Mitchell Report and Regent Law

The Mitchell Report highlights what’s wrong with baseball, but Regent is in the middle of what’s right with baseball.

The Mitchell Report today focuses on the controversy over performance-enhancing drugs. At the behest of Congress, and the request of Major League Baseball, former Senator George Mitchell released his report “exposing a serious drug culture within baseball, from top to bottom.” Sports World Poised for Drug Report, Virginian Pilot at A1, Dec. 13, 2007. See www.pilotonline.com for the complete report. But see also www.vb.beaconsports.com , Baseball’s problems and controversies aired, by John Streit, for some of the games’ positives, even in the midst of these controversies. Streit highlights some Hampton Roads area players and reports on the candid discourse with local baseball players, coaches, agents and executives at the recent Virginia Beach Sports Club annual Hot Stove Night event. A Regent Law alum was a major part of the main event, highlighting the positive forward look on baseball having everything to do with the kind of person who plays and does business in the game.

“Keynote speaker, local baseball agent and Regent University alum Joe Kohm spoke of the struggle between the major league players’ union and team ownership, how salaries skyrocketed due to free agency, and the relationship between competitive balance and team payroll. …‘We need not look further than this room to see that there’s a bright future for baseball,’ Kohm said. ‘The young men seated here are evidence of that.’” The Hampton Roads area has produced numerous baseball stars, many of which Kohm has represented. Having graduated from the law school in 1996, Kohm has worked as a sports attorney and agent in baseball since 1999. His agency, Diakon Baseball Group, provides representation in contract negotiations and endorsement opportunities, while advising players and potential players through the difficult labyrinth of the business of baseball. Diakon, the Latin word for service, works to respect the game of baseball by quality client representation that exudes integrity. He has taught Sports Law at Regent for the past three years.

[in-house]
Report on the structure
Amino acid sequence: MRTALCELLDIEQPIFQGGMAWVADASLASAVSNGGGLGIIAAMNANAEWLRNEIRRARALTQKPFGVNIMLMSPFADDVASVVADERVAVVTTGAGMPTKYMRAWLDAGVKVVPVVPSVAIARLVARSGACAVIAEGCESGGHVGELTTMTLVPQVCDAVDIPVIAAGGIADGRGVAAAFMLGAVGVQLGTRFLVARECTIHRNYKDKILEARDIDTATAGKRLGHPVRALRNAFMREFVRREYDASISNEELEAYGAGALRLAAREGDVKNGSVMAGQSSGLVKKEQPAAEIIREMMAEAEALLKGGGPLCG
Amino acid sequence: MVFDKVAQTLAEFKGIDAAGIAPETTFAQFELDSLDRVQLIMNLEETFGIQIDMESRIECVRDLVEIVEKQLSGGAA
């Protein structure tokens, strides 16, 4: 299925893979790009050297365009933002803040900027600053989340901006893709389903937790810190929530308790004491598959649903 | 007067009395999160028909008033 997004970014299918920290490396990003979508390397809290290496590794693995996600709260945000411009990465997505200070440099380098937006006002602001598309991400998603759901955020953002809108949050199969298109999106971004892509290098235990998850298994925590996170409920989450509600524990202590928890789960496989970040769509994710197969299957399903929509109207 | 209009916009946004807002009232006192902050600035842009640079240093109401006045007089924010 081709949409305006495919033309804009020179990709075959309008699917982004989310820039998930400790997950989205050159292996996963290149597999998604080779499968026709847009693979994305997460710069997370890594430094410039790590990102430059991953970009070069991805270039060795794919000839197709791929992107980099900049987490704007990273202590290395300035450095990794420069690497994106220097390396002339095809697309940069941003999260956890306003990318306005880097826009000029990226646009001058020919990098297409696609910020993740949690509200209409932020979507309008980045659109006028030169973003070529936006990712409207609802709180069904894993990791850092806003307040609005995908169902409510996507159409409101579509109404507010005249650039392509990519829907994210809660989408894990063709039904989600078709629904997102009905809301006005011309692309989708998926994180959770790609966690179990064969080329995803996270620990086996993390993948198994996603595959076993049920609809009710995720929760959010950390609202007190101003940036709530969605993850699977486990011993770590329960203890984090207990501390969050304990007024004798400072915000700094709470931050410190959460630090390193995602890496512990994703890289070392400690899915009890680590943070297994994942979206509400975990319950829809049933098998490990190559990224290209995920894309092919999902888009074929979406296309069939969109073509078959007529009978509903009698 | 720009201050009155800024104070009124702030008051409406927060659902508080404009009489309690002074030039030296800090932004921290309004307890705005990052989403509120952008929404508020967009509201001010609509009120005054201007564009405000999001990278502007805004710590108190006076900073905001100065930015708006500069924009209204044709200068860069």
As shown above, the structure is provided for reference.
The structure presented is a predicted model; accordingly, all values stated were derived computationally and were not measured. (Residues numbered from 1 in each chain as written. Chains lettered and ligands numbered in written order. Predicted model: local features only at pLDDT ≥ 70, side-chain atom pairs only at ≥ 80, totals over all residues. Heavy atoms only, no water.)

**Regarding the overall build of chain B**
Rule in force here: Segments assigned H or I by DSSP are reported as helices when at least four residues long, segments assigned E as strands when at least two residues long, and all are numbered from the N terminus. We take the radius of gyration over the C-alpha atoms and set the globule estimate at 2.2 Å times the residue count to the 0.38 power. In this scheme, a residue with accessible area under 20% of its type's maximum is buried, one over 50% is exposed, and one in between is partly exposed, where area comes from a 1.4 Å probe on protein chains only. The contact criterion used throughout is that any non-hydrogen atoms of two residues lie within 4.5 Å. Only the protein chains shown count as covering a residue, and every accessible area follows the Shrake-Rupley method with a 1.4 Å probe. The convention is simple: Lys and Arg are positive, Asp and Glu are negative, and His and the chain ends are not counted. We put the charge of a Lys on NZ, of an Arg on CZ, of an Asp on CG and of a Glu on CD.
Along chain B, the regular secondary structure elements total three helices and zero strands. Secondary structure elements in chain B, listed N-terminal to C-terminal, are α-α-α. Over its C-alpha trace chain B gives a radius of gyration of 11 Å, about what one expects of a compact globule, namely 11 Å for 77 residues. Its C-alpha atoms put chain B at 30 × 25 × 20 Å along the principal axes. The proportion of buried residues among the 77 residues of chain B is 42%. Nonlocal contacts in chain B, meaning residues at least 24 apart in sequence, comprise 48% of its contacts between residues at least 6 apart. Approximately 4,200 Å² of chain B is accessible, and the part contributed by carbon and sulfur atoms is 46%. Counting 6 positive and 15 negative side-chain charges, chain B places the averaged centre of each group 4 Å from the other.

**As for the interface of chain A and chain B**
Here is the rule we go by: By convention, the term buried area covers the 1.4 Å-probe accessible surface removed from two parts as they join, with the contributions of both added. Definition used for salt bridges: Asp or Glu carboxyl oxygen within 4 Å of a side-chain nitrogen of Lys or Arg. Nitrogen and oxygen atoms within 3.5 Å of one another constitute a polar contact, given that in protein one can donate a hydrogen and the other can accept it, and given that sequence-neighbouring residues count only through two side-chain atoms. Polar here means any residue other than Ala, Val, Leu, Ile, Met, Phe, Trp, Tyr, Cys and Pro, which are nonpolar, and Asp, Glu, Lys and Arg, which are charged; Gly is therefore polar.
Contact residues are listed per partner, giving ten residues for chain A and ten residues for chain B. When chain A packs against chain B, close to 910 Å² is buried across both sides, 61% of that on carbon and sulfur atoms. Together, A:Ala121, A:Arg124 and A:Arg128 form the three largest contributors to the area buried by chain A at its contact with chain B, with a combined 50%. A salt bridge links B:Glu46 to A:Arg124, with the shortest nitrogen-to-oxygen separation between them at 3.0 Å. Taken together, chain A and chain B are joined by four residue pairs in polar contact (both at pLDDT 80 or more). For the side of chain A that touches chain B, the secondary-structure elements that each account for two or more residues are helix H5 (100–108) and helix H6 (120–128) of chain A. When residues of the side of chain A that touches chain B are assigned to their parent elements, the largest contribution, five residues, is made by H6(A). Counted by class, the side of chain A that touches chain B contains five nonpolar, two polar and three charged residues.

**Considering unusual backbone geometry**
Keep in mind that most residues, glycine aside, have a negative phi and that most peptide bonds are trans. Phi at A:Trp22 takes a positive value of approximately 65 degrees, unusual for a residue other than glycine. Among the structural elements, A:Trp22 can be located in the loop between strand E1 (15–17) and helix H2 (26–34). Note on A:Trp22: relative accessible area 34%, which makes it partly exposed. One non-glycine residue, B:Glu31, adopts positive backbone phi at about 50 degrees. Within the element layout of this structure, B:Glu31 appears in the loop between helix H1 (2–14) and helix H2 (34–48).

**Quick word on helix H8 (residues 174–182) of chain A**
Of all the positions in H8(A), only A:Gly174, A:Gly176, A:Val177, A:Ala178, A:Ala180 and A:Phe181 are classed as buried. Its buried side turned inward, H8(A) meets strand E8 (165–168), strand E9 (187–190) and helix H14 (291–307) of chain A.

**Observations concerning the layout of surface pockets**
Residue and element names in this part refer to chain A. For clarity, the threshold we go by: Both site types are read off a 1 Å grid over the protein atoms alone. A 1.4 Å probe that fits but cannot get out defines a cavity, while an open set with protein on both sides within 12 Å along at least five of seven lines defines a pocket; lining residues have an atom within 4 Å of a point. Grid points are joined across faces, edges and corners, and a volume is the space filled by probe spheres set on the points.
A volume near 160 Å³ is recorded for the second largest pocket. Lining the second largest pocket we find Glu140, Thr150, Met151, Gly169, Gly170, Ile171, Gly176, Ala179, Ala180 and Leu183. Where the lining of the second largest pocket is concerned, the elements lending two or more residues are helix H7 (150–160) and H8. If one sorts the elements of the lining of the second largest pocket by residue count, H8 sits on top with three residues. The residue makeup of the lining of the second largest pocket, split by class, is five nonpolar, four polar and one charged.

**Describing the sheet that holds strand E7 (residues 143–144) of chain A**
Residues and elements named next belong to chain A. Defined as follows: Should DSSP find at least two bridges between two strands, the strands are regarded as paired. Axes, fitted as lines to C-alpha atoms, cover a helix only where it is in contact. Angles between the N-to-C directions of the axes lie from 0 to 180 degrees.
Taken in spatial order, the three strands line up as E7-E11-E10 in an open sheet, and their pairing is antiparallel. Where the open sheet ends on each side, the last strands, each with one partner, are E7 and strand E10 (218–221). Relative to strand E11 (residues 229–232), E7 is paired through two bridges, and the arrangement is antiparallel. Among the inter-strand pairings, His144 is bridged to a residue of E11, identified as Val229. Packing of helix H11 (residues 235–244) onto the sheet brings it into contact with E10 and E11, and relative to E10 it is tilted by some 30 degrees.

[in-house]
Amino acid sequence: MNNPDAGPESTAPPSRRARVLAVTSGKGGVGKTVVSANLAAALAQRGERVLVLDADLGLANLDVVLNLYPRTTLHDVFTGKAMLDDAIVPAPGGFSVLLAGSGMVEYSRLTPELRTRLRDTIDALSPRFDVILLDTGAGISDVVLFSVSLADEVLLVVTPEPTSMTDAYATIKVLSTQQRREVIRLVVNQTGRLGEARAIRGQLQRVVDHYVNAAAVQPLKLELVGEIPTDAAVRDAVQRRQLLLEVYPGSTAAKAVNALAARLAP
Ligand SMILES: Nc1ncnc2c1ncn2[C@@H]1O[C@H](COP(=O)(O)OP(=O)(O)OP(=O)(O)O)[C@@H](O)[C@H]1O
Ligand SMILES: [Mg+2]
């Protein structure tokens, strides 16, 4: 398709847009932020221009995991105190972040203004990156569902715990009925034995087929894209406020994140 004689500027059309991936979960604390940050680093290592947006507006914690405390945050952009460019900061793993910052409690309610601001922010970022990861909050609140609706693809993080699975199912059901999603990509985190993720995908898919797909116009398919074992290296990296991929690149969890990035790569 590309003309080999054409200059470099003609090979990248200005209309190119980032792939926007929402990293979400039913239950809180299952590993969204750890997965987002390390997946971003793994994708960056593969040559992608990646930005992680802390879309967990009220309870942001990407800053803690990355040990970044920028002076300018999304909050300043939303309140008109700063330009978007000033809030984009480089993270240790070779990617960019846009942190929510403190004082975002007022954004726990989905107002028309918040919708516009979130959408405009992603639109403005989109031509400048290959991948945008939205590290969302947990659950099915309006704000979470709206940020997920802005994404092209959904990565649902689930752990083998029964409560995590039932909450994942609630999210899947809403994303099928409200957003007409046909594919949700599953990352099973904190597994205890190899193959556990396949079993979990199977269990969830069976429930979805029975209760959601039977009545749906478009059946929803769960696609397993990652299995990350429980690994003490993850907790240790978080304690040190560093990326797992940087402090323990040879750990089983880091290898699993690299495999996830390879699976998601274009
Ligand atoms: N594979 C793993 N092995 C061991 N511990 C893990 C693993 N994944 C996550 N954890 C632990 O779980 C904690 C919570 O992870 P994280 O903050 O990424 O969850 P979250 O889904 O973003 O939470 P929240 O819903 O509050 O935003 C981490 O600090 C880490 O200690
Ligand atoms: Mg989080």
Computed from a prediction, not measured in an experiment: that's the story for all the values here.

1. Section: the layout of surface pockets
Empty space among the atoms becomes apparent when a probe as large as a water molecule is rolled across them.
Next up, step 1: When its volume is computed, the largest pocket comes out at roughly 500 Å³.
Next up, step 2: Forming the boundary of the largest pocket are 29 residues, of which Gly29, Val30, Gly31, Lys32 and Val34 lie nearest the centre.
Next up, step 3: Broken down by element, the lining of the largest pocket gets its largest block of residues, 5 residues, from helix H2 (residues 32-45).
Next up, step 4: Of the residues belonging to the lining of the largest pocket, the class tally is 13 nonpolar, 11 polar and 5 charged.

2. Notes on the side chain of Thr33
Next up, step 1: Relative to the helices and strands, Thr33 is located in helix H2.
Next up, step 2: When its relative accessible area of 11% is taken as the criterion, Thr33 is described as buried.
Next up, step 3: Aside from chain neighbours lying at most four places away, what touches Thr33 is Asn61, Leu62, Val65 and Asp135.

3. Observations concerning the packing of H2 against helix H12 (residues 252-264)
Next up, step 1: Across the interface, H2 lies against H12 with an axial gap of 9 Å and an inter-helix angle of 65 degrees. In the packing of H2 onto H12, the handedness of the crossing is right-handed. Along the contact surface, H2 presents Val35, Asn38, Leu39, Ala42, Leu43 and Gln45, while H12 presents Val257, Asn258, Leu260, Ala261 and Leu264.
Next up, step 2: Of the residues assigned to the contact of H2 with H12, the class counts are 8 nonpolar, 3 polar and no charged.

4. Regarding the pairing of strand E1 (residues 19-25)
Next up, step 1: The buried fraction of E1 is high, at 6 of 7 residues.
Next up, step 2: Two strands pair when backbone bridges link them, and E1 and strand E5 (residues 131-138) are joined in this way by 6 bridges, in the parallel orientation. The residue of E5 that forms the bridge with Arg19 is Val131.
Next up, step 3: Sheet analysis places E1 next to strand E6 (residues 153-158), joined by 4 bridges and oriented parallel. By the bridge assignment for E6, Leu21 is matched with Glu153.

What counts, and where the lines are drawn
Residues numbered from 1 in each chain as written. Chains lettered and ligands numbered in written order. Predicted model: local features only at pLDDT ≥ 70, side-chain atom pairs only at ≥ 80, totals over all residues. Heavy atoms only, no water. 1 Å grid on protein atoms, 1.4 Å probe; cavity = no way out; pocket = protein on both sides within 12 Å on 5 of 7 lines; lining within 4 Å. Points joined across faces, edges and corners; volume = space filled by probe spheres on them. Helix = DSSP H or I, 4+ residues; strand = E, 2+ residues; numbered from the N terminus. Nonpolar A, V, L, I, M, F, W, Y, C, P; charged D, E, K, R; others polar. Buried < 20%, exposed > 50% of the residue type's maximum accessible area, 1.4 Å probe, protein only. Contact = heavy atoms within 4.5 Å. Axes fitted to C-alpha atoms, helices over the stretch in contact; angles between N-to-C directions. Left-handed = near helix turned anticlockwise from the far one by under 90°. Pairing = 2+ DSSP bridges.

Pointing out what’s right with baseball is not arduous for Kohm because he sees the hope in his clients who take the field. And his clients, colleagues and competitors alike appreciate the integrity with which he conducts himself and his business. “I’m accountable to God first and foremost, in my business relationships, and in every area of my life.”

While the Mitchell Report highlights what’s wrong with baseball, what is right with baseball is those who make a difference with the integrity of their work.

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